Historical Mystery

Murder on St. Nicholas Avenue by Victoria Thompson

Murder on St. Nicholas Avenue

 

 

I’m reading this series in one of my Goodreads groups and it’s one of our favorites. It’s set in turn-of-the-century (19th) New York City featuring Sarah and Frank Malloy who often find themselves investigating murders together.

 

 

 

 

Sarah and Frank Malloy are on their honeymoon in Europe, leaving Maeve and Frank’s mother to the care of their children and household. When a friend of Mrs. Malloy shows up on their doorstep looking for help for her daughter who’s been accused of murder, Maeve seizes the opportunity to explore the matter further.

This was a fun installment that allowed me to get to know the secondary characters better without the influence of Sarah and Frank. Maeve takes it upon herself to agree to investigate the murder of Una O’Neill Pollock’s husband, Randolph. Along the way, she pulls Gino Donatelli and Elizabeth & Felix Decker into the case, which turns out to be intriguing. Their interplay was at times humorous and this appears to be the start of a developing relationship between Maeve and Gino. And, this case serves as the inaugural one for the yet to be launched Malloy Investigations Agency.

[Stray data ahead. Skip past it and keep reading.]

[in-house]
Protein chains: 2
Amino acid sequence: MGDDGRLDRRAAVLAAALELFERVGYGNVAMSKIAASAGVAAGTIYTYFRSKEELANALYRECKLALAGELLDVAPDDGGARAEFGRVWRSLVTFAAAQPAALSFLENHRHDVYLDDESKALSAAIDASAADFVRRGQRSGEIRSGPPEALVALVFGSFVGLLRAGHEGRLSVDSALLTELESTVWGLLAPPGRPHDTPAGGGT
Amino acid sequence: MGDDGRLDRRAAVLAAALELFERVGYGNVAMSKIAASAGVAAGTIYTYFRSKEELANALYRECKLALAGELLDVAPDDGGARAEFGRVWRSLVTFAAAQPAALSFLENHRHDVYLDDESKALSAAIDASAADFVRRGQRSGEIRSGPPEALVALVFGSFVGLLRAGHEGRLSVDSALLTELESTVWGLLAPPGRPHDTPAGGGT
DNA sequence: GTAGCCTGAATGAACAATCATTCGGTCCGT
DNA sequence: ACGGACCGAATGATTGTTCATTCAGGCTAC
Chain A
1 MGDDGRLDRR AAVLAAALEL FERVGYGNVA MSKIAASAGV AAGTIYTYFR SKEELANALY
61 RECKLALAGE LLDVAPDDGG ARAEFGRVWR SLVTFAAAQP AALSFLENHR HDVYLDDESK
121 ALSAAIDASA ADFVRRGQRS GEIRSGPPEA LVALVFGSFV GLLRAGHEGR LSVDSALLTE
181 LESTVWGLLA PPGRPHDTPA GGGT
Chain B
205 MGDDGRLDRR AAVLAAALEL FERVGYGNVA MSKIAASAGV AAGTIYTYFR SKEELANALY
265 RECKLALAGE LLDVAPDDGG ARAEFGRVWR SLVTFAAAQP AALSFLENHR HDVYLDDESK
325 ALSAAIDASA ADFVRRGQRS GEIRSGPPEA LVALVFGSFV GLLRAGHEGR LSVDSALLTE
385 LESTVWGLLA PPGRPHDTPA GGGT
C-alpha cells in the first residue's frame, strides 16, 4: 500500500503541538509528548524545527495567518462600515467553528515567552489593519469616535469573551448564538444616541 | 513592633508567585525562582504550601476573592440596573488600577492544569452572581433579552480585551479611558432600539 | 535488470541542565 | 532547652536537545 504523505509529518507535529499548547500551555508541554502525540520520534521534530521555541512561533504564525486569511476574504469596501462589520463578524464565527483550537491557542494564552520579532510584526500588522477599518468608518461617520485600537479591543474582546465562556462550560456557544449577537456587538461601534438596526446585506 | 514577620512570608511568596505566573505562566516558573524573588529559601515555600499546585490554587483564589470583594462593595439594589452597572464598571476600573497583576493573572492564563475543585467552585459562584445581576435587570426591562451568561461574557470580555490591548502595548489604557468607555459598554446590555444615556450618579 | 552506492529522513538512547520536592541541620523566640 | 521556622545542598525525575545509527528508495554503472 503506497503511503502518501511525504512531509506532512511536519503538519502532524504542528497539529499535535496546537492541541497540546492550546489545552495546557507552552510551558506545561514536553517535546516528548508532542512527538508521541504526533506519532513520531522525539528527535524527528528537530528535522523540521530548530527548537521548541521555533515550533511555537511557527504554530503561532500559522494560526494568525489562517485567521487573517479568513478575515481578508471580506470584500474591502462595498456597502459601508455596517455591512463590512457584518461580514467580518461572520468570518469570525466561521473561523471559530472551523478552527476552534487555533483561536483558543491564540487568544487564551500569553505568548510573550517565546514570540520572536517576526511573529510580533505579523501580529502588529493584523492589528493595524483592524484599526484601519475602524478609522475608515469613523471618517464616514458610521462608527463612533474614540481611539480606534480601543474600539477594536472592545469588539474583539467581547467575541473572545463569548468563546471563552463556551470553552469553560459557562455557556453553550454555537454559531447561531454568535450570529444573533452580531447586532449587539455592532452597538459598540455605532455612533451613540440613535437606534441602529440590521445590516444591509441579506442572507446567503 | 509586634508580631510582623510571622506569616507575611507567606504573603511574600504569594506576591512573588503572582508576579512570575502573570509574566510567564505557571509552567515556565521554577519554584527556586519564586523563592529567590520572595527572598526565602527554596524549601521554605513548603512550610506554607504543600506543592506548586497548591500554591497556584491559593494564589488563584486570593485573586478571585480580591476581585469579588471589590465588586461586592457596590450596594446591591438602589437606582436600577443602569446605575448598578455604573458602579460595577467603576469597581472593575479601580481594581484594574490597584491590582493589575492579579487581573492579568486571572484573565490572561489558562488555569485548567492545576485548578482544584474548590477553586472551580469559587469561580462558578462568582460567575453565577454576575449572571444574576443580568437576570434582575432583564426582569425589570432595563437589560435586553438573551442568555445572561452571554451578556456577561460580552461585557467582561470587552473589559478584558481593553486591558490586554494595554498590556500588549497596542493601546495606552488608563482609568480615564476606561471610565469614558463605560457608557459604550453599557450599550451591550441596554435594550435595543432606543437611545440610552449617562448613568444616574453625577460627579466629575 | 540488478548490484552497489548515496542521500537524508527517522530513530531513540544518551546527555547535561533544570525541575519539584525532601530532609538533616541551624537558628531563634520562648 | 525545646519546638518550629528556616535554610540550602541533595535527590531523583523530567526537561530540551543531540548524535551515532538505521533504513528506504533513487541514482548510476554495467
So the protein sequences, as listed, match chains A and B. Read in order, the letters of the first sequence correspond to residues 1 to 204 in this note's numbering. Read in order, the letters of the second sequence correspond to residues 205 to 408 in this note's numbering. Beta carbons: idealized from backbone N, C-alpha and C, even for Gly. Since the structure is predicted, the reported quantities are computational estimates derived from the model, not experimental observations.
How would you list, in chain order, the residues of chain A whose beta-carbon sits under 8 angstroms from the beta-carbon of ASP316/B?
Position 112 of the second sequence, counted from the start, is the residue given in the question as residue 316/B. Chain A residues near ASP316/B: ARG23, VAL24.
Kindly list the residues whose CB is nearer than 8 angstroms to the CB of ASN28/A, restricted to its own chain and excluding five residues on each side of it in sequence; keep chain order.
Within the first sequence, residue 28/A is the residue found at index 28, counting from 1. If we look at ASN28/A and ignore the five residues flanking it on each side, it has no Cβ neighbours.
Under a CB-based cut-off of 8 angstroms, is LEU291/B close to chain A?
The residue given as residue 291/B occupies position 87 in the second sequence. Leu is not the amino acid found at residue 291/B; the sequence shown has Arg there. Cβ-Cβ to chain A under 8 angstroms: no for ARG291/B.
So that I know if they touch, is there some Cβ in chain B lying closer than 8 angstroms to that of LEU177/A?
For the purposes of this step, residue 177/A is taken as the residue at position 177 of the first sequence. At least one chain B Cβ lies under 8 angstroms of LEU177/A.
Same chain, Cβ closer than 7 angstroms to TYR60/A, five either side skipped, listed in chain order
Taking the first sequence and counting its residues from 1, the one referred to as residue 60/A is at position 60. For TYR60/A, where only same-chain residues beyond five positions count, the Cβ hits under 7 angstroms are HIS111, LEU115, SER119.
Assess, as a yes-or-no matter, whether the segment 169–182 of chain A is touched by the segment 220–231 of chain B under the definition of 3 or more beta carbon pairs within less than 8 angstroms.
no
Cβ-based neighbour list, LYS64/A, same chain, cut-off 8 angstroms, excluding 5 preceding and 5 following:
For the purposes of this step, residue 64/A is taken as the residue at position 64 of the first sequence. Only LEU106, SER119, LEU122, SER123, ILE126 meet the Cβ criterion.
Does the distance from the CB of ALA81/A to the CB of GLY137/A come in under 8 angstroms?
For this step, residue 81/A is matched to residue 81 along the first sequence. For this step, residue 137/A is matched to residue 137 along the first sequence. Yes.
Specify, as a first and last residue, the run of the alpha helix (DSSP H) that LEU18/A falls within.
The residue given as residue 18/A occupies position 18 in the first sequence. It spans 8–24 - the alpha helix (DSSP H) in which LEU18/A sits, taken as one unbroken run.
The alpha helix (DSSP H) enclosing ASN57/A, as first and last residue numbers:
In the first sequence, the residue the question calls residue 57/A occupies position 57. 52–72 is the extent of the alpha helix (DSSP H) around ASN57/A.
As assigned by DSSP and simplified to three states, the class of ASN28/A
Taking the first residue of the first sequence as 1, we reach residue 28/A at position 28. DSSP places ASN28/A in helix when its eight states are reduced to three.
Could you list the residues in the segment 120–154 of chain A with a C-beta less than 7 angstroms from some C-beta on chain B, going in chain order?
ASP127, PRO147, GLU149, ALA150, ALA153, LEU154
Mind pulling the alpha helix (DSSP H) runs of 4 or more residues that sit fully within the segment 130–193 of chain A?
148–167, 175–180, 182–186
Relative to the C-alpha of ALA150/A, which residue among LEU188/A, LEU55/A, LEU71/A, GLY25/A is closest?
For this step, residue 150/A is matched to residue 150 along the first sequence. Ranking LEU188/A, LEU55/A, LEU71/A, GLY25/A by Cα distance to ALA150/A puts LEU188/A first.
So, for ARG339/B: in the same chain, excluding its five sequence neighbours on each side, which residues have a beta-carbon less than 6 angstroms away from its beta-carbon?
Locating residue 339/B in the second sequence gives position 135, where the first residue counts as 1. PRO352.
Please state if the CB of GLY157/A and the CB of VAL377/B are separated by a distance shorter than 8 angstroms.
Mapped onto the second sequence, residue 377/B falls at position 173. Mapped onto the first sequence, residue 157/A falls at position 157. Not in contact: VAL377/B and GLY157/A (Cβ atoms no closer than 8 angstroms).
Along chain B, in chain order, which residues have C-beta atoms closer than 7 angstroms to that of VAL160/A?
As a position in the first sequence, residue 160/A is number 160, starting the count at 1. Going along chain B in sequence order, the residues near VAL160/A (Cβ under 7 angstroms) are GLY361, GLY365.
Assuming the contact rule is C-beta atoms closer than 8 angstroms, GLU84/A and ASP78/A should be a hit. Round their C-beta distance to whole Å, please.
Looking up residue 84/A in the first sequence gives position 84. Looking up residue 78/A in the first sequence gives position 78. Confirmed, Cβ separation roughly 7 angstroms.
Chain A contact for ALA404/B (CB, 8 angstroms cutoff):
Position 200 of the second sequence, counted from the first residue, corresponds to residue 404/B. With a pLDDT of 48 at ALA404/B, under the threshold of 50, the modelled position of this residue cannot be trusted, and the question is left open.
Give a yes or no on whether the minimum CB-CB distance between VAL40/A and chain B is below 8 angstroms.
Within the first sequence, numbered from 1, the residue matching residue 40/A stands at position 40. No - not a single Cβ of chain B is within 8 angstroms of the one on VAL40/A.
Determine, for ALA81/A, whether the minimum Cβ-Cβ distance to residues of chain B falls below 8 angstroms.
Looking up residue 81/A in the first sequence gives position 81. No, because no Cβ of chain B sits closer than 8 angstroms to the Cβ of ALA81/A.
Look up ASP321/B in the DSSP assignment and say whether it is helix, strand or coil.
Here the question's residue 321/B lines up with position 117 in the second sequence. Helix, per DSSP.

I enjoyed everything about the story, including the deepening of the existing relationships and Maeve’s emergence as a savvy investigator. However, I also felt Sarah and Frank’s absence. They really are the anchors to this series and while I liked this diversion, I’m ready for their return. This was still a delightful interlude.

Book Info

  • Release Date: November 3, 2015
  • Series: Gaslight Mystery #18
  • Page Numbers: 311
  • Publisher: Berkley

 

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25 thoughts on “Murder on St. Nicholas Avenue by Victoria Thompson”

  1. Nice review Jonetta. I still have this series on my TBR, but haven’t started it yet. I do enjoy getting to know characters in a series and it sounds like this author has done a good job developing her characters.

    Liked by 1 person

  2. Great review, Jonetta! This is the first time I heard about this series but it sounds very interesting. Is it better to read it in order or can the books be read as standalones? I’m just not sure what I’ll be able to find in my library.

    Liked by 1 person

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